Lieutenant Colonel Scott D. Applegate is a United States Army Information Systems Management Officer with more than 21 years of leadership, management, communications and security experience. LTC Applegate holds two Masters Degrees, one in Military Studies and one in Information Technology and Assurance, and is currently pursuing a PhD in Information Technology with a focus on Cyber Conflict at George Mason University in Fairfax, Virginia. His current research interests include cyber conflict, cyber militias, security metrics, cyber security policy, information assurance and cyber law. LTC Applegate currently resides in Northern Virginia with his wife Sara and their two children.
Towards a Cyber Conflict Taxonomy
Co-author: Angelos Stavrou (George Mason University)
This paper seeks to create a practical taxonomy to describe cyber conflict events and the actors involved in them in a manner that is useful to security practitioners and researchers working in the domain of cyber operations. The proposed Cyber Conflict Taxonomy is an extensible network taxonomy organized as a plex data structure. Subjects of the taxonomy are entered as either Events or Entities and are then categorized using the categories and subcategories of Actions or Actors. Each of these categories is further subdivided into increasingly specific subcategories used to describe the defining characteristics of each subject and labeled lateral linkages are used to illustrate the associative relationships between Entities and Events. The categories are organized in both a hierarchical and associative manner to illustrate the relationships between subjects and categories. A prototype of this taxonomy was developed and tested using a test set of recent cyber conflict events and used to explore the relationship and connections between these events and the states, groups or individuals that participated in them. Furthermore, this taxonomy can potentially identify actors across different events based on their similar method of operation, toolsets and target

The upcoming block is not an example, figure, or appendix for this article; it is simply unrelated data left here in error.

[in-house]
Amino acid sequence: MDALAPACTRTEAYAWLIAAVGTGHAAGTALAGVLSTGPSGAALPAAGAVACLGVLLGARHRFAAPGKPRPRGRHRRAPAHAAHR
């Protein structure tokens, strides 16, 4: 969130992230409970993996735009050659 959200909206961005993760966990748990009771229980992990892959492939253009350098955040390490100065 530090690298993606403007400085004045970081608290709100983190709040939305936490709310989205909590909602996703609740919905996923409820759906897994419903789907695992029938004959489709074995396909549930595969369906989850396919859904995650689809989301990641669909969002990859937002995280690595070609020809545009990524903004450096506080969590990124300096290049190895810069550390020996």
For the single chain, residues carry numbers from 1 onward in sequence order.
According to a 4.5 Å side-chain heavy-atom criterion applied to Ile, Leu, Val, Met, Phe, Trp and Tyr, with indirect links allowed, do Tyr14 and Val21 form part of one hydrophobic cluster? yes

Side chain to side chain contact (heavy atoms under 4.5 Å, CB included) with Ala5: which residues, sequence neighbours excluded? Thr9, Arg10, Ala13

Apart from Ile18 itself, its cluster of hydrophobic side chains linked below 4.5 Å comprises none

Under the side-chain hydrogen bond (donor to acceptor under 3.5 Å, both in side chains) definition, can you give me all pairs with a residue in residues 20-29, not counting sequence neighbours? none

The Dawn of Kinetic Cyber
Cyber attacks are often called non-violent or non-kinetic attacks, but the simple truth is that there is a credible capability to use cyber attacks to achieve kinetic effects. Kinetic Cyber refers to a class of cyber attacks that can cause direct or indirect physical damage, injury or death solely though the exploitation of vulnerable information systems and processes. Kinetic cyber attacks are a real and growing threat that is generally being ignored as unrealistic or alarmist. These types of attacks have been validated experimentally in the laboratory environment, they have been used operationally in the context of espionage and sabotage, and they have been used criminally in a number of attacks throughout the world. While these types of attacks have thus far been statistically insignificant, the rapid growth and integration of cyber physical systems into everything from automobiles to SCADA systems implies a significant kinetic cyber threat in the near future. It is imperative that the security community begin to take these types of threats seriously and address vulnerabilities associated with cyber physical systems and other devices that could be utilized to cause kinetic effects through cyber attacks.